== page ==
Here at Zoocha we use preprocessor for almost all our frontend work. Predominantly we use SASS although some projects are on LESS, partly for historical reasons. No-one can deny that it’s a really powerful way of writing CSS, giving you access to variables, mixin functions, and the apparent Holy Grail: nesting. The thing about all of the above though, and I think something that often gets forgotten is these are all tools to make the developer’s life easier. The result is still compiled down to CSS.
A few weeks ago I had to go through the process of setting up php code sniffer on my new computer, and realised how confusing most of the blog posts out there are and how many loops and posts you have to jump through to get it set up.
I decided to write a quick post with all the commands in one place and small descriptions for most of the commands:
Installing Drupal Coding Sniffer
1. Download php code sniffer (source code: https://github.com/squizlabs/PHP_CodeSniffer)
curl -OL https://squizlabs.github.io/PHP_CodeSniffer/phpcs.phar
Adapted from a post by the Nerdary that basically deals with the problem of having .htaccess files that are different on your local and other environments.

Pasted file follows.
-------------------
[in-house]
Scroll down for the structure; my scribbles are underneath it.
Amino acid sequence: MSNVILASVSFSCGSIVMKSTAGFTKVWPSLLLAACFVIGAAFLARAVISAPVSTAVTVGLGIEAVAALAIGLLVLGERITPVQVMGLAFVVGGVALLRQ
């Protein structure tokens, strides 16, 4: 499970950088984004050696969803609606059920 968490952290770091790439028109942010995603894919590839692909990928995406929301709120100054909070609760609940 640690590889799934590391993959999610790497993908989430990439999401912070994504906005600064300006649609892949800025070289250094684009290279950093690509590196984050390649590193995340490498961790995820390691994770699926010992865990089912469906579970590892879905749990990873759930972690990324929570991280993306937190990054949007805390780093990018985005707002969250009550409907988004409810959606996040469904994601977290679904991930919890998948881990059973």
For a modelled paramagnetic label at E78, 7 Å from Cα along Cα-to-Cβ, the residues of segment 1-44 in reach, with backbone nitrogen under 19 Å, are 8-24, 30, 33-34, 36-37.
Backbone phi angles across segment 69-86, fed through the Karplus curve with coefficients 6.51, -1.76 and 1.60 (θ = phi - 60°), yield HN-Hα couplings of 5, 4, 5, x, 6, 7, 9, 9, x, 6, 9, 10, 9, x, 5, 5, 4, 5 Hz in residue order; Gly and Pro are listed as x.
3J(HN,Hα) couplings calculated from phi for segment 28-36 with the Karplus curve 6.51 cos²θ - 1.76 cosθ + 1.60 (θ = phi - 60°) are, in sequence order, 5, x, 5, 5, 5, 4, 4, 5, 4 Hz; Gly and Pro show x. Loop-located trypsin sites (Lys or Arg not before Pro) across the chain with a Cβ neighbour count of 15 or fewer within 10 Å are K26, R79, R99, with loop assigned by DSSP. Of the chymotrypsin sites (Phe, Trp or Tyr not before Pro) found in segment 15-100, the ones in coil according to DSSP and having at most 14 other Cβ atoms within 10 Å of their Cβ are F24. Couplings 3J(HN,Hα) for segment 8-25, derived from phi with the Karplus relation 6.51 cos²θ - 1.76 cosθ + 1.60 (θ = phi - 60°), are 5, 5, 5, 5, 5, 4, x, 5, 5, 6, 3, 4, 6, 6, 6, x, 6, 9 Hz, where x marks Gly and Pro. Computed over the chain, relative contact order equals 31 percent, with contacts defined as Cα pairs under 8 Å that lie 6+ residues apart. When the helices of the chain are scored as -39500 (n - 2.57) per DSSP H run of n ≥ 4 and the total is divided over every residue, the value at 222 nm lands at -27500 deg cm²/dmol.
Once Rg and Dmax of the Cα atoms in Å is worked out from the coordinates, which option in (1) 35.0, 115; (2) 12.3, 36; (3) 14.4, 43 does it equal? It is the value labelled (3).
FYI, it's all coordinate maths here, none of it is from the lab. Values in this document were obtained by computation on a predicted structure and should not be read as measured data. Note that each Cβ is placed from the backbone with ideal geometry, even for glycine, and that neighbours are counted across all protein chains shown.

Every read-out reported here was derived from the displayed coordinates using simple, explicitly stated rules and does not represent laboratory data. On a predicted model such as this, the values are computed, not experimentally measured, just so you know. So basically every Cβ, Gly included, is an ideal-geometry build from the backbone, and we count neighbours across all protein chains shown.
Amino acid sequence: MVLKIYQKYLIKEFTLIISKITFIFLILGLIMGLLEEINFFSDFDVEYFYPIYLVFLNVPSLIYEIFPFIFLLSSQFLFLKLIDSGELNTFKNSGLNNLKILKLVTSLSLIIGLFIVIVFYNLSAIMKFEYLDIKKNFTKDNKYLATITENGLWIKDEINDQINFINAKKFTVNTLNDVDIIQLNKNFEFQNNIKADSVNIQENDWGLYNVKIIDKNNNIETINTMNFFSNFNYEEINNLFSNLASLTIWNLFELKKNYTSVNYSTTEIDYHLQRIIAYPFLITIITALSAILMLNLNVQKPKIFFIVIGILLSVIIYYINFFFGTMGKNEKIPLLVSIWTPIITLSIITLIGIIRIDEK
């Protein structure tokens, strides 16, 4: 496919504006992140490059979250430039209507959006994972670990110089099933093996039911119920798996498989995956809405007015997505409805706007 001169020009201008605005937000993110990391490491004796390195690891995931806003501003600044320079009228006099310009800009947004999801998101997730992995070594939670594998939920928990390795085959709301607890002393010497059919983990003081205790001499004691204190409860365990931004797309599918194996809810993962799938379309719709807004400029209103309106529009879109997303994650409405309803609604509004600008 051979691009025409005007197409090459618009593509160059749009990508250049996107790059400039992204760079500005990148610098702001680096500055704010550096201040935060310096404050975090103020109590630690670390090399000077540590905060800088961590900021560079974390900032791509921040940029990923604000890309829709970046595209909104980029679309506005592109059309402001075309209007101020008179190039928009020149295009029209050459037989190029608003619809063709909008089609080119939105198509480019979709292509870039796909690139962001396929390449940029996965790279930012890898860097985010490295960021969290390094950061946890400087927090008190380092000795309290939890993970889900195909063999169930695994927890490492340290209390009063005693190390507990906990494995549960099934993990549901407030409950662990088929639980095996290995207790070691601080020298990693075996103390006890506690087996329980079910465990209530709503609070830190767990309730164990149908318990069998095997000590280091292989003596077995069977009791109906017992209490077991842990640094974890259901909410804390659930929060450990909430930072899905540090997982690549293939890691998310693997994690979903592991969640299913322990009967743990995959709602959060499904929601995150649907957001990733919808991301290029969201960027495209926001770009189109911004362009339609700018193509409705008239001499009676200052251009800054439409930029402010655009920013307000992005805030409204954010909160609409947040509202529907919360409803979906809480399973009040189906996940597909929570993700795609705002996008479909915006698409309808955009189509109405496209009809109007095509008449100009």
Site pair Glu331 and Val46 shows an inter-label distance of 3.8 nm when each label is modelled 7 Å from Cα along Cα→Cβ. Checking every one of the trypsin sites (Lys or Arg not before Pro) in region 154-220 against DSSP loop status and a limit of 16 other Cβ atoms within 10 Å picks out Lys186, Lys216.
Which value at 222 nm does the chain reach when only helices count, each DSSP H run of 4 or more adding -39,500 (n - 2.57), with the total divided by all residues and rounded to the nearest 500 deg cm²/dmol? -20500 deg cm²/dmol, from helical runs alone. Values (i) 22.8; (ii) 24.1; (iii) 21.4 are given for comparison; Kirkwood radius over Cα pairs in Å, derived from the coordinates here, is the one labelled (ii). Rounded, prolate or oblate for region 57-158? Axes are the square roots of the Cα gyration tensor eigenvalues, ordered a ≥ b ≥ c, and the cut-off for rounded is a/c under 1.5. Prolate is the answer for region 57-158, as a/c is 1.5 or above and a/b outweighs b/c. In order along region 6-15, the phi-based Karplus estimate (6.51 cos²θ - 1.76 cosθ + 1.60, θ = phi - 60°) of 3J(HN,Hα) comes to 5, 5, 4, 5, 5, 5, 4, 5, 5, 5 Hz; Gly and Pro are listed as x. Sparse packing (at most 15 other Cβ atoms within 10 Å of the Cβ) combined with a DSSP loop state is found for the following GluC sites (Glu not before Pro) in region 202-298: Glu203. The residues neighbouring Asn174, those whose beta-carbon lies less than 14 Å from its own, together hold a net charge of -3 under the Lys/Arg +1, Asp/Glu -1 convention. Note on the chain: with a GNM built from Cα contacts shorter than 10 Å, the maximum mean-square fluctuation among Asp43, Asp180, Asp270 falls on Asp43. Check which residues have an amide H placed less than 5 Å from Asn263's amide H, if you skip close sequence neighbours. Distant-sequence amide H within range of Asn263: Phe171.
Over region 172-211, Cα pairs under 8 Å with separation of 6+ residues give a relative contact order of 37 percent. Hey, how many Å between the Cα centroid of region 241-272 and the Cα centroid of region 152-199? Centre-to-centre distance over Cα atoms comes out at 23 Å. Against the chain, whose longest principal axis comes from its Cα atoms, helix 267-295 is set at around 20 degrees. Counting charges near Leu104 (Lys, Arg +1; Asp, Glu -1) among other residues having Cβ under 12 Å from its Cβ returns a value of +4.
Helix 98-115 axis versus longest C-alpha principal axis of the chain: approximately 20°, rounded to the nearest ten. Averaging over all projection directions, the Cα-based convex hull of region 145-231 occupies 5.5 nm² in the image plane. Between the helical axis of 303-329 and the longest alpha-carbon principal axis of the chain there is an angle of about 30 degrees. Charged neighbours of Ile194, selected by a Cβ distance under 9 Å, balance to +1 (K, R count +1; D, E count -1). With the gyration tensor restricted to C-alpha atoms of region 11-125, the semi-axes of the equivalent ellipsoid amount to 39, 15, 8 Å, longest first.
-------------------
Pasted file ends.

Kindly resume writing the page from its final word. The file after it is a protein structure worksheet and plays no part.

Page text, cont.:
This example deals with the headache of https and not wanting your local environment to automatically redirect to HTTPS. I am only posting the relevant code that sets up the environment variable.
I am a bit mad about maps. Especially the online, interactive ones. When I heard about the OS (Ordnance Survey, rather than operating system!) open data Masterclass, I signed up for it immediately, very curious to see how OS data could fit in with online mapping applications.
(Image Credit: http://www.telegraph.co.uk/technology/microsoft/11480692/RIP-Internet-Explorer-Twitter-mourns-and-mocks-death-of-Microsofts-browser.html)
Internet Explorer. The bane of most web developers' lives. How often have we built a site and looked back content with our efforts, only to have that satisfaction whipped away when opening Internet Explorer?
As part of the front end team, I was quite excited to be introduced into the project on the sites for FCA. We knew the sites would all be running on the same Drupal pre base using several modules to ensure smooth operation with different domains.
What we needed to focus on was dealing with five independent themes including a theme folder which was to be the basis for three separate sites. These three sites have very similar structures and the difference in the appearance between them is minimal. So just to get stuck into the project here are the sites:
With frontend development getting more and more complex every day, there are more and more steps we as frontend devs need to go through in order to get the job done. Of course there is still something to be said for crafting your HTML / CSS, but this isn't always required / possible.